First Aid


We sometimes hear about incidences of “tongue swallowing” in football. Upon digging the issue up, I learnt that it is impossible for a person to literally swallow their tongue; however, when someone loses their consciousness, the tongue muscle loses its tension and relaxes to the extent of closing the airway. If the situation is not handled quickly enough, tongue swallowing can be fatal, and this is where the role of first aid comes.

First aid is the cure or treatment given to an injured or sick person before professional medical care arrives. The purpose of first aid is to save lives, prevent case deterioration, and promote recovery. The first thing you have to do as a first aider is making sure that the casualty is no longer in danger. Then, check their consciousness through testing the level of response to questions you ask and to the pain they feel.

The next step is known as “ABC”; a term used to describe the physiological processes that should be checked once you approach the patient. The “A” stands for “Airway”, which must be clear without any obstruction. The “B” stands for “Breathing”; you have to make sure that the casualty is breathing normally by watching their chest movement and listening to the breathing sound. The “C” stands for “Circulation”, which can be checked using your pointer and middle finger. The two fingers are applied on the hollow part next to Adam’s apple to feel the carotid artery’s pulse; remember not to use your thumb, as it is a pulsating finger, which may lead to confusion and false results.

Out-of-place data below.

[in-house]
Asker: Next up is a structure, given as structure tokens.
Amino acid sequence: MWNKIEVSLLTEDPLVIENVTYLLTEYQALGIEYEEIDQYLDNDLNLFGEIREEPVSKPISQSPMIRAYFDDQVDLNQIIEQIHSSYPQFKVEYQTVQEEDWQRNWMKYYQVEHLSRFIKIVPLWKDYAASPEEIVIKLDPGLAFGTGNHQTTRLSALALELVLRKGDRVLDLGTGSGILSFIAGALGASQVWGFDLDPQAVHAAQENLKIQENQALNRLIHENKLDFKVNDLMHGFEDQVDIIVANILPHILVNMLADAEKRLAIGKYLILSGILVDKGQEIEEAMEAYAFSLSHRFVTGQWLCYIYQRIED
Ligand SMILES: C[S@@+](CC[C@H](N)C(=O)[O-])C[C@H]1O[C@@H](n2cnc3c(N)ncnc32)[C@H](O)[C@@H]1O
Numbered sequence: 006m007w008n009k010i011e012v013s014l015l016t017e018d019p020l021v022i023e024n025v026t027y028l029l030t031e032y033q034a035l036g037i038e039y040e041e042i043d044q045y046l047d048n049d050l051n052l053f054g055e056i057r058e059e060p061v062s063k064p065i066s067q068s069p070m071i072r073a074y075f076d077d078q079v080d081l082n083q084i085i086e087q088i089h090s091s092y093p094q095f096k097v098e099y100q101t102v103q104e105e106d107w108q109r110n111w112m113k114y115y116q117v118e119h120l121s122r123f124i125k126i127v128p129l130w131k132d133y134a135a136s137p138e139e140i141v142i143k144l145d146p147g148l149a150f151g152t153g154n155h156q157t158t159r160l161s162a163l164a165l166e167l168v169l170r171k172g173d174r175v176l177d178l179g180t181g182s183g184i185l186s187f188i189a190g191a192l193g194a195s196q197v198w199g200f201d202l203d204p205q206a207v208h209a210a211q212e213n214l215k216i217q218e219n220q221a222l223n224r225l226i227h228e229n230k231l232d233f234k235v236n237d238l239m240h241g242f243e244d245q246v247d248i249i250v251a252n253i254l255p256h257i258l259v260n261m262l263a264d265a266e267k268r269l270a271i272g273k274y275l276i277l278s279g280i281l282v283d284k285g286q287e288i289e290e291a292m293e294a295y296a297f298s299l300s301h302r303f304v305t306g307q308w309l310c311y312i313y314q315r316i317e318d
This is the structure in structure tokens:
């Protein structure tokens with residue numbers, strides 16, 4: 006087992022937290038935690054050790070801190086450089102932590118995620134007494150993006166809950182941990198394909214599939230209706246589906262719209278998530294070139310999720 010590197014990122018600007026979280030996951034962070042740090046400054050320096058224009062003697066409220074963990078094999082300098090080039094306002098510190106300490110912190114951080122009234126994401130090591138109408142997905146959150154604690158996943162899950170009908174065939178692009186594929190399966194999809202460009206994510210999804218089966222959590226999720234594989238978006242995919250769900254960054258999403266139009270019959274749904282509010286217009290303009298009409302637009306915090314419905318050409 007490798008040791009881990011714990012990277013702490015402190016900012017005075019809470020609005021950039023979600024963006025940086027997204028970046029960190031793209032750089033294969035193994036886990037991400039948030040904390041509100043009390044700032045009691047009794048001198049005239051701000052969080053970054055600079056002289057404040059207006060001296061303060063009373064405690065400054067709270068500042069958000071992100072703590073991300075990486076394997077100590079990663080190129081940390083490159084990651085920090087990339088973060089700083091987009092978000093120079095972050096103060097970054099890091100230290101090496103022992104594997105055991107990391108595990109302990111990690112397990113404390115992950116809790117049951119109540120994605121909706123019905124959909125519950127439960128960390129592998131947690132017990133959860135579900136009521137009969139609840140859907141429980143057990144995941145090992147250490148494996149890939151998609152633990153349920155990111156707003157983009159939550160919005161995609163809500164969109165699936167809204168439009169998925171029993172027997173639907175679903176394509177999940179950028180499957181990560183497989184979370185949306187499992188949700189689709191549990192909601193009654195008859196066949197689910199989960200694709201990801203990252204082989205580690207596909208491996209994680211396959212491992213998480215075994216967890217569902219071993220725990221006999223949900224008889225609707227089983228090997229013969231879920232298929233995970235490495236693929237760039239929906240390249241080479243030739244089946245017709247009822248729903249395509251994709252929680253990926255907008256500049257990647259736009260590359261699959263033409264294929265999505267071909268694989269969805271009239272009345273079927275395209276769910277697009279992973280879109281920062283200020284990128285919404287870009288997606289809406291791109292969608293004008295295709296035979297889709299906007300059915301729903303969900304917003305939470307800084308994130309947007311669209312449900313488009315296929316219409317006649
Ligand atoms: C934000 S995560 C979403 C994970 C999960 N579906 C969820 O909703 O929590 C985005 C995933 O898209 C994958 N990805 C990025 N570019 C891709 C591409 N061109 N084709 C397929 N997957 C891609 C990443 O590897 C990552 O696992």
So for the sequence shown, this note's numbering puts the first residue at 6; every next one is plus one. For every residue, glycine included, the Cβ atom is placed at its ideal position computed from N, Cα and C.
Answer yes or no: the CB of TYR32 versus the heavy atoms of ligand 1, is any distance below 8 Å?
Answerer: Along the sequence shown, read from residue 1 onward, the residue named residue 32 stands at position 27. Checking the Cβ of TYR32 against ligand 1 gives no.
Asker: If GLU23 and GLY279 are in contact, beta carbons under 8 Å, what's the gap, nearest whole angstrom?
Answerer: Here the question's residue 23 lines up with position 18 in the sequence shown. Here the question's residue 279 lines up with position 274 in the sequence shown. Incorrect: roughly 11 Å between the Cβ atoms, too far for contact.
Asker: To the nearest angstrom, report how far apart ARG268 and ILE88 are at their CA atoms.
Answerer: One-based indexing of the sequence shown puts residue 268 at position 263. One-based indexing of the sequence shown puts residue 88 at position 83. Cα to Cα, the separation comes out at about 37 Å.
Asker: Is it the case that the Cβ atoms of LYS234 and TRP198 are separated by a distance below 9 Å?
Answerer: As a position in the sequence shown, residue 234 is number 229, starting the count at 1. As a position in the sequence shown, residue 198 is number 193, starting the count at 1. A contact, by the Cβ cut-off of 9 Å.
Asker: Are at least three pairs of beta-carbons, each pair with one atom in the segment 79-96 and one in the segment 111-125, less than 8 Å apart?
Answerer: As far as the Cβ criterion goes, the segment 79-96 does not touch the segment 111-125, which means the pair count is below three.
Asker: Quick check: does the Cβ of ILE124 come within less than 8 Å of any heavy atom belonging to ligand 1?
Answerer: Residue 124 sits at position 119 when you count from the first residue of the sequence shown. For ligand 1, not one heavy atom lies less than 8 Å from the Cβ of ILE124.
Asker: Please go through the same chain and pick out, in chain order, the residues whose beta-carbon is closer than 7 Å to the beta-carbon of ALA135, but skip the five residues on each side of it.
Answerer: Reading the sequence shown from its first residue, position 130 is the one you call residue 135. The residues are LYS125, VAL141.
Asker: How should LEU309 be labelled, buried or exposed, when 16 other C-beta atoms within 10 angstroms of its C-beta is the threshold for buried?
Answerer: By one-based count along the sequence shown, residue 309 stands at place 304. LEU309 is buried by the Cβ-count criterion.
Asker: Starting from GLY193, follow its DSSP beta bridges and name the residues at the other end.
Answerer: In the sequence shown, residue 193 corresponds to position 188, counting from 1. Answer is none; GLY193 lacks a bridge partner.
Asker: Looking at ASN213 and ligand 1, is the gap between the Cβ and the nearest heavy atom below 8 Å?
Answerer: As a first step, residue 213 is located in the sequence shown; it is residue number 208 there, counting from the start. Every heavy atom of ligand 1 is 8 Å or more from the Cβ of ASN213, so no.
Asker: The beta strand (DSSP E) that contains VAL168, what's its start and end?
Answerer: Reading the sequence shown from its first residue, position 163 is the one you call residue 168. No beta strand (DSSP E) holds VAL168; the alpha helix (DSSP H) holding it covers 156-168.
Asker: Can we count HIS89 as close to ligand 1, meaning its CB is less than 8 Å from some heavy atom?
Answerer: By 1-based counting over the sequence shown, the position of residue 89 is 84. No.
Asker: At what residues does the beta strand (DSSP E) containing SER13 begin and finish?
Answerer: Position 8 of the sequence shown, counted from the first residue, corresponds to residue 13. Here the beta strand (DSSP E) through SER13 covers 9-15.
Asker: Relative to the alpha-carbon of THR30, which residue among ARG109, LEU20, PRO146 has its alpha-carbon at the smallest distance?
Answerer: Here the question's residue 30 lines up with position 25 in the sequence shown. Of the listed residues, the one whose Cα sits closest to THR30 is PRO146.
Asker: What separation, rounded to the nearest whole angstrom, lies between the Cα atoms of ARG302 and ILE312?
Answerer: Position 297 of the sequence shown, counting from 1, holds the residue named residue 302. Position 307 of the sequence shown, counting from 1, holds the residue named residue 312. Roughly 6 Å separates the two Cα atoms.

Some organizations add a “D” for “Deadly bleeding” or “Defibrillation”; other organizations use a different system of “3Bs”, which stands for “Breathing, Bleeding, and Bones”, or 4Bs, adding “Brain”. According to the results of the previous checkup, you will be able to determine which technique to apply. For example, if the airway is blocked by a foreign particle, bend the casualty over in a position parallel to the ground and hit them firmly between the shoulder blades. If the airway is not blocked and the casualty is not breathing, then they are suffering from tongue swallowing.

Place the casualty on their back and start by the “head tilt/chin lift” technique; apply pressure on the patient’s forehead and chin, tilting the head backward. Then, push in the middle of the chest and release at a regular rate; you can give them two breaths by closing their nose and breathing into their mouth.

If they are breathing but unconscious, rest them on their side with backward head tilting. In case of  heart attack, make the casualty sit while leaning their back against the wall until the ambulance arrives.

If the casualty is severely bleeding, try to decrease or stop bleeding by applying pressure on the wound.

With proper training, which does not require much effort, applying first aid can be quite a simple task; yet, if applied properly, it  can mean the difference between life and death.


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